Tuberculosis (TB) is a chronic granulomatous infection caused by acid-fast mycobacterium tuberculosis bacilli. Spinal involvement occurs in less than one percent of TB. Spinal TB (Potts disease) accounts for 50% of skeletal TB. Though it most commonly affects the thoracolumbar junction, it can occur at any level of the spine. Early diagnosis and treatment is mandatory in order to avoid neurological complications and spinal deformity.We report a case of a young female with tuberculosis of D12-L1 who was treated with posterior decompression using a modified transpedicular approachand posterior instrumentationwith a successful outcome.


PubMed | Orthopaedics
Type: Journal Article | Journal: Cureus | Year: 2016

Pigmented villonodular synovitis (PVNS) is a rare, benign, but potentially locally aggressive and recurrent condition characterized by synovial proliferation and hemosiderin deposition inside the joints, tendon sheaths, and bursae. It usually affects the large joints such as hip, knee, and ankle. We report a case of PVNS of the knee joint in a young female which was treated by subtotal synovectomy alone without the use of adjuvants. At the 14-month follow-up, the patient was pain free and had no signs of disease recurrence.


PubMed | Orthopaedics and Indraprastha Apollo Hospitals
Type: Journal Article | Journal: Cureus | Year: 2016

Ganglion cysts are benign soft tissue swellings commonly found in the wrist. The presence of these cysts in the elbow is uncommon, and few case reports have been reported for this condition at this location. These lesions can compress on the neighbouring structures or cause restriction of the joint movement. The awareness of this entity is a must, to arrive at an early diagnosis.We report a patient with swelling in the anterolateral aspect of the elbow which had been causing intermittent pain for the last 13 months. The MRI revealed a fluid-filled cystic swelling which was communicating with the radio-capitellar joint.The lesion was excised in toto, using anterolateral approach for the elbow, and sent for histopathological examination which confirmed the diagnosis of a ganglion cyst.Thus, due to the infrequent presentation, an awareness of this condition is necessary to prevent a delay in diagnosis and its subsequent management.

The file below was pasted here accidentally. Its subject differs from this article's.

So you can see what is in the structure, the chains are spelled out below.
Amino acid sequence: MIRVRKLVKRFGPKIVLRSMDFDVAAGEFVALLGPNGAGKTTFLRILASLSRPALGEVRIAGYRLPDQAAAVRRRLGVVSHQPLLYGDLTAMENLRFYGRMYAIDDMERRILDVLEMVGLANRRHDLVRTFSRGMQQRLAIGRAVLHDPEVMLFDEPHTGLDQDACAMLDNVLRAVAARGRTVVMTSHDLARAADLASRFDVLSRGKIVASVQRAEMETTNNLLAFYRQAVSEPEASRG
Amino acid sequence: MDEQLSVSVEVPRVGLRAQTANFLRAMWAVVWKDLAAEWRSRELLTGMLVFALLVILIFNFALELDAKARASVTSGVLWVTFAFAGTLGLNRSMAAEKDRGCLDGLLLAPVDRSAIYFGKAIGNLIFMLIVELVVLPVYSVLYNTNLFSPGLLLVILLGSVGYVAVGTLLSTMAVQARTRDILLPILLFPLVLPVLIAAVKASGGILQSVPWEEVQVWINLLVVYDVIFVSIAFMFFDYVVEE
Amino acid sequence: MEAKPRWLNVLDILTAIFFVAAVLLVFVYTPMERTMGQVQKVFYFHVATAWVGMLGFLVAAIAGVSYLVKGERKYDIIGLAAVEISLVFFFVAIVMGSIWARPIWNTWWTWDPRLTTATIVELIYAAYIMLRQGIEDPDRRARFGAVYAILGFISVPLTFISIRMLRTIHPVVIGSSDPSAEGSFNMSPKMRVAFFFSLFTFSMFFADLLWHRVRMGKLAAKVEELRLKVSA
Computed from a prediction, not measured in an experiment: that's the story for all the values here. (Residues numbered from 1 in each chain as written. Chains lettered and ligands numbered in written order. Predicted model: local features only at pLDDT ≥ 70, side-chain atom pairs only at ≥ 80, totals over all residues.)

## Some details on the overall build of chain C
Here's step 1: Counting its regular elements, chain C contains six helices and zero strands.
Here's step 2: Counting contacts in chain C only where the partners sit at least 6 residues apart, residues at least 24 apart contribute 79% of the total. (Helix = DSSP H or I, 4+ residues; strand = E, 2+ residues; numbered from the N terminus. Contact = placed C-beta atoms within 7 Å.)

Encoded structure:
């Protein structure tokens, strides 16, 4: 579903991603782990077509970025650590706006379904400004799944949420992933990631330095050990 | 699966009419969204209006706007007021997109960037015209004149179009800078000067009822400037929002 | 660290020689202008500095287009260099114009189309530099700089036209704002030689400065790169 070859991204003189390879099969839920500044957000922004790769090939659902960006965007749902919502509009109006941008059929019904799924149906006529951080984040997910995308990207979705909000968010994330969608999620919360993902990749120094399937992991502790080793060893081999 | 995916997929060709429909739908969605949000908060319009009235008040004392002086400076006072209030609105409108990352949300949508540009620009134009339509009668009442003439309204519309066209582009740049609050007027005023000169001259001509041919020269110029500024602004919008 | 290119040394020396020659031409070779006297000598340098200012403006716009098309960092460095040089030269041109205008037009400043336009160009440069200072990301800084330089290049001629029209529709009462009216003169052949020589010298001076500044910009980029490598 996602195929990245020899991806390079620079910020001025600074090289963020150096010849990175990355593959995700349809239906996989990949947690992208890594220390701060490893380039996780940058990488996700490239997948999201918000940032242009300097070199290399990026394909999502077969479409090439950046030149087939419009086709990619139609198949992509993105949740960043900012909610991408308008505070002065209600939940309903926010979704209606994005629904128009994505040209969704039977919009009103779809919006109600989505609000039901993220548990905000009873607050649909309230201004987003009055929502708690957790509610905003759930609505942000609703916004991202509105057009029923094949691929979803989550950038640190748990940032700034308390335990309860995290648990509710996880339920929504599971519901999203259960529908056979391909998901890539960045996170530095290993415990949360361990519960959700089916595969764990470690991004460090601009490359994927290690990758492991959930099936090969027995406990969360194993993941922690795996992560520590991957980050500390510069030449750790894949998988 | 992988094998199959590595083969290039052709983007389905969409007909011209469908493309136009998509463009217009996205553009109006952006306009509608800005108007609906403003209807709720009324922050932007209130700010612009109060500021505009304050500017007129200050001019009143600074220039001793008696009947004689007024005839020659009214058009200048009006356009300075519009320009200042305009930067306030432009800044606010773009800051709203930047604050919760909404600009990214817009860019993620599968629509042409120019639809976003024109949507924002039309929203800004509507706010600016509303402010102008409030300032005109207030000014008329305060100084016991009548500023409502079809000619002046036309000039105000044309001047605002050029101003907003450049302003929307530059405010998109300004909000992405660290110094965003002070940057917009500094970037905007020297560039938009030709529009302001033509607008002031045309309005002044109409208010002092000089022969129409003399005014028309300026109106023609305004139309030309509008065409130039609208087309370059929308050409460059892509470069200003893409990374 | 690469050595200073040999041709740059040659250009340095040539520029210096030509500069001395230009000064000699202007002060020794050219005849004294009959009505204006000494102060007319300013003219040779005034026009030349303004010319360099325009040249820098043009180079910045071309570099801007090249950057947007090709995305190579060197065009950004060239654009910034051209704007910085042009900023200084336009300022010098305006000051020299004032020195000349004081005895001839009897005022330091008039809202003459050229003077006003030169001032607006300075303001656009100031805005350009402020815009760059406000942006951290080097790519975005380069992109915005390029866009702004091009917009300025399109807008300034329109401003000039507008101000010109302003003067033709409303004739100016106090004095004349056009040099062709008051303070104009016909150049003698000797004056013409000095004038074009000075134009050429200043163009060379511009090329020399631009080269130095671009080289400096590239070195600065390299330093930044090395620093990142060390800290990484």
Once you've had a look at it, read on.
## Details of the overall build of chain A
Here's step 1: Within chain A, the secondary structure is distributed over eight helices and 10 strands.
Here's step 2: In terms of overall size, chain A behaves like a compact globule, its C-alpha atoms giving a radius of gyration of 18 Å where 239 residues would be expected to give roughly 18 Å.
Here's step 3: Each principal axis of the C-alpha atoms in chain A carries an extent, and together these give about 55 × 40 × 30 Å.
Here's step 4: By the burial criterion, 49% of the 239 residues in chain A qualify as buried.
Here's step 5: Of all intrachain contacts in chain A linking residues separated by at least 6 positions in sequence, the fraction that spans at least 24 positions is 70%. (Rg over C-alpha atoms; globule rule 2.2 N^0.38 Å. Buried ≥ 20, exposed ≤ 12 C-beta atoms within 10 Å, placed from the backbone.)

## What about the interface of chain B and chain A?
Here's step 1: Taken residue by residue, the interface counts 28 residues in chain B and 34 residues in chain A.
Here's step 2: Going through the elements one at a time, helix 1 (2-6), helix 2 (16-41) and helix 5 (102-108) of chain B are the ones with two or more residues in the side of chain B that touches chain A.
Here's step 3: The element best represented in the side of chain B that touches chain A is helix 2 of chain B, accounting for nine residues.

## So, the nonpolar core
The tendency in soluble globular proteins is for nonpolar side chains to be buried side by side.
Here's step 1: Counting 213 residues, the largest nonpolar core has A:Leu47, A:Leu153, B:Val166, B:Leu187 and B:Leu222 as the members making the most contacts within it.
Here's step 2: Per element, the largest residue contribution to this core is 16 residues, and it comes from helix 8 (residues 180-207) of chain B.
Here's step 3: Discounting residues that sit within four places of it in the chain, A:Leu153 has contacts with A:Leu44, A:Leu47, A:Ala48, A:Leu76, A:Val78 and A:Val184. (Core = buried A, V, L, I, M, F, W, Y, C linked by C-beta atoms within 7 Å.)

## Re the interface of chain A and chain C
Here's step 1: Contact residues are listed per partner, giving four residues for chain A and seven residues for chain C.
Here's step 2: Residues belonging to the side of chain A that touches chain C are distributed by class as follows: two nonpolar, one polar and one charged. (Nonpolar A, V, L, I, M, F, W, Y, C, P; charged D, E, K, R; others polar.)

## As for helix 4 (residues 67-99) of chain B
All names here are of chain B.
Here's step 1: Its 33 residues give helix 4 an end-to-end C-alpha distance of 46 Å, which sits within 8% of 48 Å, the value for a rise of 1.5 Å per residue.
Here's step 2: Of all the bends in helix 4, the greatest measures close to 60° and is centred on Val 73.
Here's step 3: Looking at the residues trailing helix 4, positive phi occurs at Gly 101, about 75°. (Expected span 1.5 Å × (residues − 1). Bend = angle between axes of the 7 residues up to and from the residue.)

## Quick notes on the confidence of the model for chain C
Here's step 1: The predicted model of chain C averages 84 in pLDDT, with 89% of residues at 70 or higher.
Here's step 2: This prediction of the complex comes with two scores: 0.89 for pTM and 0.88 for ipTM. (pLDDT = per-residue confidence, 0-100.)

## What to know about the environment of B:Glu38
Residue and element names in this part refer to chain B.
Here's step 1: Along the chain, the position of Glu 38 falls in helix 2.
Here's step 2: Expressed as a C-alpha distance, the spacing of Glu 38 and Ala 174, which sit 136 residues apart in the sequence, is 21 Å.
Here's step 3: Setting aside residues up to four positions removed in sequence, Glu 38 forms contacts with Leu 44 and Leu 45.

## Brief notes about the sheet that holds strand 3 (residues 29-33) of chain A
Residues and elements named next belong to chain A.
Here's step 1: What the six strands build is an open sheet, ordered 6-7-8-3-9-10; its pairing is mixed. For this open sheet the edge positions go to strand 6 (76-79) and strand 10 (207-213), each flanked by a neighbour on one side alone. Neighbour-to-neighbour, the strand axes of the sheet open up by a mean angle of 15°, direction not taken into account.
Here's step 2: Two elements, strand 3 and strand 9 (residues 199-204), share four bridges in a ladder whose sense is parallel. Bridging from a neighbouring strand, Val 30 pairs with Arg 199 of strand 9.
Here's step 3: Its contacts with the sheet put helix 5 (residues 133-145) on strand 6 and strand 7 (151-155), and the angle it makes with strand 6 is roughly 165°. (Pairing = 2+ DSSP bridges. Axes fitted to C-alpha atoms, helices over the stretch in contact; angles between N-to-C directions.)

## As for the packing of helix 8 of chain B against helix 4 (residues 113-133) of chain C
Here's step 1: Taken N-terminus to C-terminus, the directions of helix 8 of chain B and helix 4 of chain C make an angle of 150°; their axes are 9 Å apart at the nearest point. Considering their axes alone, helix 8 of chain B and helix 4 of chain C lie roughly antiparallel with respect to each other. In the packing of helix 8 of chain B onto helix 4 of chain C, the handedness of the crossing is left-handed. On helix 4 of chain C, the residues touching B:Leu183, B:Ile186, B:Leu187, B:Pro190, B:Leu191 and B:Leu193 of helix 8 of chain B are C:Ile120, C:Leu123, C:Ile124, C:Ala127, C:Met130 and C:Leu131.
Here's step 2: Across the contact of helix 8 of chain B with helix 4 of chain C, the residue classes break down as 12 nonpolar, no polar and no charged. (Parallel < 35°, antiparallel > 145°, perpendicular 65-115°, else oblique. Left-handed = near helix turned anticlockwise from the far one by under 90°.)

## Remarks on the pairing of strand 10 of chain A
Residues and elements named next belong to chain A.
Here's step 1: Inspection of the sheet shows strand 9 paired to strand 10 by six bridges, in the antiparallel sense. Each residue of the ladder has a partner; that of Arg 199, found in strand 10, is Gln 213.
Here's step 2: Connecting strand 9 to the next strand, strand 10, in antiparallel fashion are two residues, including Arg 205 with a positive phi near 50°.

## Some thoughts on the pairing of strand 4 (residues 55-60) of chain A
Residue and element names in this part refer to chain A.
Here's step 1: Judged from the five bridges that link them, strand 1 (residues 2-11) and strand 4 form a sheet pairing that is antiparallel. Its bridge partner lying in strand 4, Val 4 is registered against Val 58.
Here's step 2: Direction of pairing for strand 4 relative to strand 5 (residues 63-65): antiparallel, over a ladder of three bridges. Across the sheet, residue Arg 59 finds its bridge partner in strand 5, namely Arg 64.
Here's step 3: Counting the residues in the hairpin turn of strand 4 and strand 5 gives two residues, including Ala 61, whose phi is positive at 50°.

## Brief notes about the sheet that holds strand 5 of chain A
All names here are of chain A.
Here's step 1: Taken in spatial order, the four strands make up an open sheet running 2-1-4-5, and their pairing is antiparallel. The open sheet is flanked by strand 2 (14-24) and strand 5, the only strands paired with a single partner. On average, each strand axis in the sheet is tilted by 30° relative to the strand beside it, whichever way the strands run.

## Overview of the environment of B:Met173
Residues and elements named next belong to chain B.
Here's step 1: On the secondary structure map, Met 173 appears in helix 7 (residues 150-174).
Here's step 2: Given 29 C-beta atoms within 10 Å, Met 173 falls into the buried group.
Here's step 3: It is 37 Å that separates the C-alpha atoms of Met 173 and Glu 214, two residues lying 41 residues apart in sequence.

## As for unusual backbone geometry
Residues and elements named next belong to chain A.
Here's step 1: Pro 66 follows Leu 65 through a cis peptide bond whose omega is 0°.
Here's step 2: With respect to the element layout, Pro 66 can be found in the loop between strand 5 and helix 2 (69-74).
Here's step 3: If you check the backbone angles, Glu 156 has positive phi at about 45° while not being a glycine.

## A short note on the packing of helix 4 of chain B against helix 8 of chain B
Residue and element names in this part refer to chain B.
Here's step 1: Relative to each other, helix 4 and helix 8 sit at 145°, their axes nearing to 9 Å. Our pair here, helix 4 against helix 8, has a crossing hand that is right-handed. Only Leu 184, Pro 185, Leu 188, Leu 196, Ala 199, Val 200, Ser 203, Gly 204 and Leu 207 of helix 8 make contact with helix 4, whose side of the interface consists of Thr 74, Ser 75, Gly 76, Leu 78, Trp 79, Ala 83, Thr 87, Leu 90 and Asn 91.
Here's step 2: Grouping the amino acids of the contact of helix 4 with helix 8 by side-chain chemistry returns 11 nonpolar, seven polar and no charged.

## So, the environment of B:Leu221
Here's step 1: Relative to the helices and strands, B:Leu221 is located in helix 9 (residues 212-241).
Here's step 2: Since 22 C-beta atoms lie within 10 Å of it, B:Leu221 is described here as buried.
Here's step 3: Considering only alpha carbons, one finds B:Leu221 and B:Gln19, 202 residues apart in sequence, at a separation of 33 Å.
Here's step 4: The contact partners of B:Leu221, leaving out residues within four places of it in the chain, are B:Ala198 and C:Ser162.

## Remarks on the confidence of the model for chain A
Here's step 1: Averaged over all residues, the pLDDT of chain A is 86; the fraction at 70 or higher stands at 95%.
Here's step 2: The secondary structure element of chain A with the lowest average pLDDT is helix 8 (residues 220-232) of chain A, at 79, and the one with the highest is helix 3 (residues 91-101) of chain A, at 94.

PubMed | Orthopaedics and Indraprastha Apollo Hospitals
Type: Journal Article | Journal: Cureus | Year: 2016

Giant Cell Tumour(GCT) of the distal fibula is extremely rare and poses challenges in the surgical management. Wide excision or intralesional curettage, along with adjuvant chemical cauterisation can prevent the recurrence of GCT. The excised bone gap needs reconstruction using tricortical iliac autograft and supportive plate fixation. In addition to wide excision, preservation of ankle mortise is advisable in locally aggressive and large lesions of the distal fibula. We report a GCT of the distal fibula in a young female patient. As part of the treatment, en bloc resection, chemical cauterisation with phenol, and distal fibula reconstruction with a tricortical iliac crest bone graft was done. Eighteen months after the treatment, thepatient has no recurrence and her ankle is stable with full range of movement. We suggest this method to be worthwhile for the treatment of this uncommon lesion in quantifying recurrence and functional outcome.


Tuberculosis (TB) is an emerging disease which affects about one-third of the worlds population, especially in developing countries. TB of the spine is the most common type of skeletal TB. Cervical spine TB is rare, constituting 2-3% of all cases of spinal TB. We would like to presentan unusual case of tuberculosis of the C1, C2, and C3 vertebrae with neurological deficit and its difficult management. A new method of treatment was done for this patient, which included reconstruction of the odontoid process using a tricortical iliac crest graft that was fixed with an anterior cervical plate. On follow-up, there was good incorporation of the graft. The neurological condition of the patient improved and was normal with partial restriction of neck movements. We suggest this technique to be worthwhile for treatment of this disease at this location.